Review: Modiphius Entertainment – Delta Quadrant Sourcebook (Star Trek Adventures)


Delta Quadrant Sourcebook
Delta Quadrant is a sourcebook for the space travel Star Trek Adventures RPG, written by LUKA CARROLL, JACK GEIGER, AARON M. POLLYEA, DEREK TYLER ATTICO, FRED LOVE, SHAWN MERWIN, and JIM JOHNSON and published by Modiphius Entertainment.
By Stephen Reuille

Learn more about Delta Quadrant Sourcebook here
Purchase Delta Quadrant here (paid link)
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I have been given another opportunity to review a copy of a Star Trek Adventures offering, this time the Delta Quadrant Sourcebook. Like my other two reviews, I received a PDF of the book. Since my background is not in PDFs however, I will not be commenting on some of the items a more tech savvy reviewer might. My review will be of the content and not the add-ons a PDF purchaser may use to increase the document’s utility. Now that my disclaimer is out of the way, let’s take the long voyage to the Borg-dominated Delta Quadrant.

Like the previous Quadrant Sourcebook I reviewed, Delta Quadrant Sourcebook is divided into five chapters. Similar to the previous three Quadrant books, this one adds new species, ships, and more to your Star Trek Adventures table. This book, like Gamma, moves the timeline forward, this time to 2379. This is so the Voyager from the show of the same name can have returned and all the information they gained can be given to Starfleet and the Federation. Some of the sections in this book take the concept of Janeway and others briefing you on the time they spend in the Delta Quadrant. It also places the setting, until recently, after all the aired shows and movies so a Gamemaster is free to do with Star Trek as they wish and to feel free to use the main species in this book, THE BORG, in any way they deem without messing with the timeline too much. Now on to the Delta Quadrant.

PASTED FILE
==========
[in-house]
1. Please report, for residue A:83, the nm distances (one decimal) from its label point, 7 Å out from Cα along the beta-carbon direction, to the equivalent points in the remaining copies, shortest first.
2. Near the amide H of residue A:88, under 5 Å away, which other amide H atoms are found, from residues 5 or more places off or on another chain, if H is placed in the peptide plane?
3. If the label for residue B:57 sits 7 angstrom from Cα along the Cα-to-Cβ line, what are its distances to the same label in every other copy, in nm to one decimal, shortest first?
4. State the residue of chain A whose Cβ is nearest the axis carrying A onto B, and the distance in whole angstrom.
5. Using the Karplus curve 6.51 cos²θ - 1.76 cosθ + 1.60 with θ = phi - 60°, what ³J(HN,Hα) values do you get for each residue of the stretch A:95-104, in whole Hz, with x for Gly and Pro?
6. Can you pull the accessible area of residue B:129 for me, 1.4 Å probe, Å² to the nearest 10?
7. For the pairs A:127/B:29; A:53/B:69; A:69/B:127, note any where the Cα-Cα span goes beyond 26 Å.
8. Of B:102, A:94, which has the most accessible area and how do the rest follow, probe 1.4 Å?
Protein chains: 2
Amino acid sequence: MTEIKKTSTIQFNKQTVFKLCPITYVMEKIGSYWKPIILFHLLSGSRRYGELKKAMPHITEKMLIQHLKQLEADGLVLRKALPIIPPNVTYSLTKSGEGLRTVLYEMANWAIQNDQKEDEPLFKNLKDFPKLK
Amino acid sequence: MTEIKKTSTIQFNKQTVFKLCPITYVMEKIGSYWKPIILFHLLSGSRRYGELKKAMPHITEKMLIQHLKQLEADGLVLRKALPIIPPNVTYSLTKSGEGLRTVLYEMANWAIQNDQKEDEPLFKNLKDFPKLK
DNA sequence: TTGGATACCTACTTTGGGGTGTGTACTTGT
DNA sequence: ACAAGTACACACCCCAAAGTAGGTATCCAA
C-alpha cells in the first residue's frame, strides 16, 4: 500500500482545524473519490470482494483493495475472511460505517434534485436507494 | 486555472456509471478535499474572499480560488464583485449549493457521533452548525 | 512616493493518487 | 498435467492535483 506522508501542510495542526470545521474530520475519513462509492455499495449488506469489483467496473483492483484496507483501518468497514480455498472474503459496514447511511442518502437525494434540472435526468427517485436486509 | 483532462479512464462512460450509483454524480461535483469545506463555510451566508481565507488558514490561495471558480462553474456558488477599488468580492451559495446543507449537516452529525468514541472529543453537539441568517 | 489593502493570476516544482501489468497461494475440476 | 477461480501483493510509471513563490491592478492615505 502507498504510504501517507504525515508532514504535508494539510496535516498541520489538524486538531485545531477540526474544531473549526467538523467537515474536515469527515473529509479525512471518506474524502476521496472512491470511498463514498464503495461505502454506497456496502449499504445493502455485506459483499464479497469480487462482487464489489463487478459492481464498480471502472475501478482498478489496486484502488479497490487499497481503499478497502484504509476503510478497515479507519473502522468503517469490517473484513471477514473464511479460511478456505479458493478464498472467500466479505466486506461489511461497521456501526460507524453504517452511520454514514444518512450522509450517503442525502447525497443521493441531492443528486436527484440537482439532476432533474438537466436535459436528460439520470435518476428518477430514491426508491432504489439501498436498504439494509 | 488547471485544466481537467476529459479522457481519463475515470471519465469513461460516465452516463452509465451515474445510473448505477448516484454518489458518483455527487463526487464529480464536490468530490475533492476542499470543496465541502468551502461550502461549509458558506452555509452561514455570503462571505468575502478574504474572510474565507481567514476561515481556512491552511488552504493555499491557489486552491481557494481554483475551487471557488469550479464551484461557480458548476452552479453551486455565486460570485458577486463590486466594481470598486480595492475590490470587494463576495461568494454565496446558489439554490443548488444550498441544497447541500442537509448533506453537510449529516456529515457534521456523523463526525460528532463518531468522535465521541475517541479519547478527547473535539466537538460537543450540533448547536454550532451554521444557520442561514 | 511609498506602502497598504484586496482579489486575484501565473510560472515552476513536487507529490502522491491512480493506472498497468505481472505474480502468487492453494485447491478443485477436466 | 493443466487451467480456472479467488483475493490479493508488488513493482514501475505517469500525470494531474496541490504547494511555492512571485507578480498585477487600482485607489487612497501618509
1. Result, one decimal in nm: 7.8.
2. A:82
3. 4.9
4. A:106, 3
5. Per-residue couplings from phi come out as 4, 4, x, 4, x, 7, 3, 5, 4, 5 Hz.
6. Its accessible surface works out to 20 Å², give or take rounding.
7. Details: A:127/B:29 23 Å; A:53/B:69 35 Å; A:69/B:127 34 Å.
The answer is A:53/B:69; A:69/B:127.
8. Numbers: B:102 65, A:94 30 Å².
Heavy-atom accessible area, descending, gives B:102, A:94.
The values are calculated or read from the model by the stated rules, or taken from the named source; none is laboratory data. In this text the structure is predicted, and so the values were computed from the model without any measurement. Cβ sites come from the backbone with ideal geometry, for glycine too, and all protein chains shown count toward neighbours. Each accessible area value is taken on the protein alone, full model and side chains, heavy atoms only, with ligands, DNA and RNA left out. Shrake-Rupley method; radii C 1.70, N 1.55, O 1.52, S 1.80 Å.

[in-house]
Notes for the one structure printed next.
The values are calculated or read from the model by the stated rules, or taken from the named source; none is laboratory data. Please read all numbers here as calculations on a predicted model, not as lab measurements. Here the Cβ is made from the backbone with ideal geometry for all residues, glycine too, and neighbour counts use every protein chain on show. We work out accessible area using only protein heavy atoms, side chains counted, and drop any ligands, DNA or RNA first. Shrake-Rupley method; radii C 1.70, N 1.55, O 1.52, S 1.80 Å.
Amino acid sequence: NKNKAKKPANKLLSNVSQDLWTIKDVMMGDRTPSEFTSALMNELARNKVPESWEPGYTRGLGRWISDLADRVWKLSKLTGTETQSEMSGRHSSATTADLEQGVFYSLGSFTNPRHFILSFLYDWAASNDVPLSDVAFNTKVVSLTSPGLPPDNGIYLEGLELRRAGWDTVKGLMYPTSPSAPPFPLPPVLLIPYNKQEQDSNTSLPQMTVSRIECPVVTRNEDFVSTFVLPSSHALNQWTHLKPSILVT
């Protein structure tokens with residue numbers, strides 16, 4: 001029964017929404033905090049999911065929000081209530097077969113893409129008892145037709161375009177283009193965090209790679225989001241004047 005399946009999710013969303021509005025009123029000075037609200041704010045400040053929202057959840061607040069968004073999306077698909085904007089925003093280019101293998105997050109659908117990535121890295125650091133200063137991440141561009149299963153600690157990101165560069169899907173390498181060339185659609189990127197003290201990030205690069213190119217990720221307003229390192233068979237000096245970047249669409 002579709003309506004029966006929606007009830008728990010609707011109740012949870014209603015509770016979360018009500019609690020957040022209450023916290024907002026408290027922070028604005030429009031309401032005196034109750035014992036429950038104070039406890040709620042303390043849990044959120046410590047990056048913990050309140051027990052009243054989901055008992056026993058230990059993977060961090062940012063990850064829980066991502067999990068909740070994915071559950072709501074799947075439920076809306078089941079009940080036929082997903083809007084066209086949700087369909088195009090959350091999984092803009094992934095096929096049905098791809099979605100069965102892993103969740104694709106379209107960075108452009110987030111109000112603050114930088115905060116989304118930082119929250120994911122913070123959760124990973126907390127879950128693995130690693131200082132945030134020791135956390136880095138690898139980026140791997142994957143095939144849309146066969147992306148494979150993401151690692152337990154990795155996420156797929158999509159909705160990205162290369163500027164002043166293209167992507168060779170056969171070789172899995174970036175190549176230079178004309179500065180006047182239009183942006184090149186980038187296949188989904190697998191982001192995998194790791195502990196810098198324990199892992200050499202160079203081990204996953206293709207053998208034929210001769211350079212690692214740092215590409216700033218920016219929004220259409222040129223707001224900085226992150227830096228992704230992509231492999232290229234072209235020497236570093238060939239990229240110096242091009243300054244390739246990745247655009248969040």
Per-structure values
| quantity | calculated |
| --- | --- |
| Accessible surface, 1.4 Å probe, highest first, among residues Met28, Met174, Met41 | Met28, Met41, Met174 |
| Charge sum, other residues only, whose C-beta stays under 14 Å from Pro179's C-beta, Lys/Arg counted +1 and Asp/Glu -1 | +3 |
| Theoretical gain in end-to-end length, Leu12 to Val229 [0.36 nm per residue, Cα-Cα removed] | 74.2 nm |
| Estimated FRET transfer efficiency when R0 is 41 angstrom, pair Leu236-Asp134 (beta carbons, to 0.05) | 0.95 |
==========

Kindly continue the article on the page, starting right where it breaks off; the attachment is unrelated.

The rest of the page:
Starting with chapter two – the Delta Quadrant, like the Gamma Sourcebook, is the lion’s share of the book, we start with the various societies, races, and planets of the region. I have not watched Voyager so I can only assume this is a who’s who of the groups and places seen in the seven seasons of the show. That being said, it feels to me more of an independent science fiction setting because I am not familiar with them. This could be a good thing as a Gamemaster has a whole new area to explore not tied to the personalities and histories of the well known Alpha and Beta Quadrants.

Any intrepid explorers must be careful, however, as the book continues into chapter two with a deep dive into the potent villains known as the Borg. We get a look at the Collective’s structure, the different types of Drones, information on the Borg Queen, conflicts they are in, and how they fight. This chapter gives a lot of information on the Federation’s arguably most mysterious enemy. There is good information how species interact with the Borg from before and during their first encounter to assimilation and beyond. I really liked the inclusion toward the end of the chapter on Borg “colonization.” It was interesting to see how Borg view the worlds they conquer and what they do with them after. This section was a good mining area for encounters with Borg not trying to kill you with their Cubes.  In this chapter you will also find the next character request Gamemasters will see in all their games, the Liberated Borg, but more on that soon.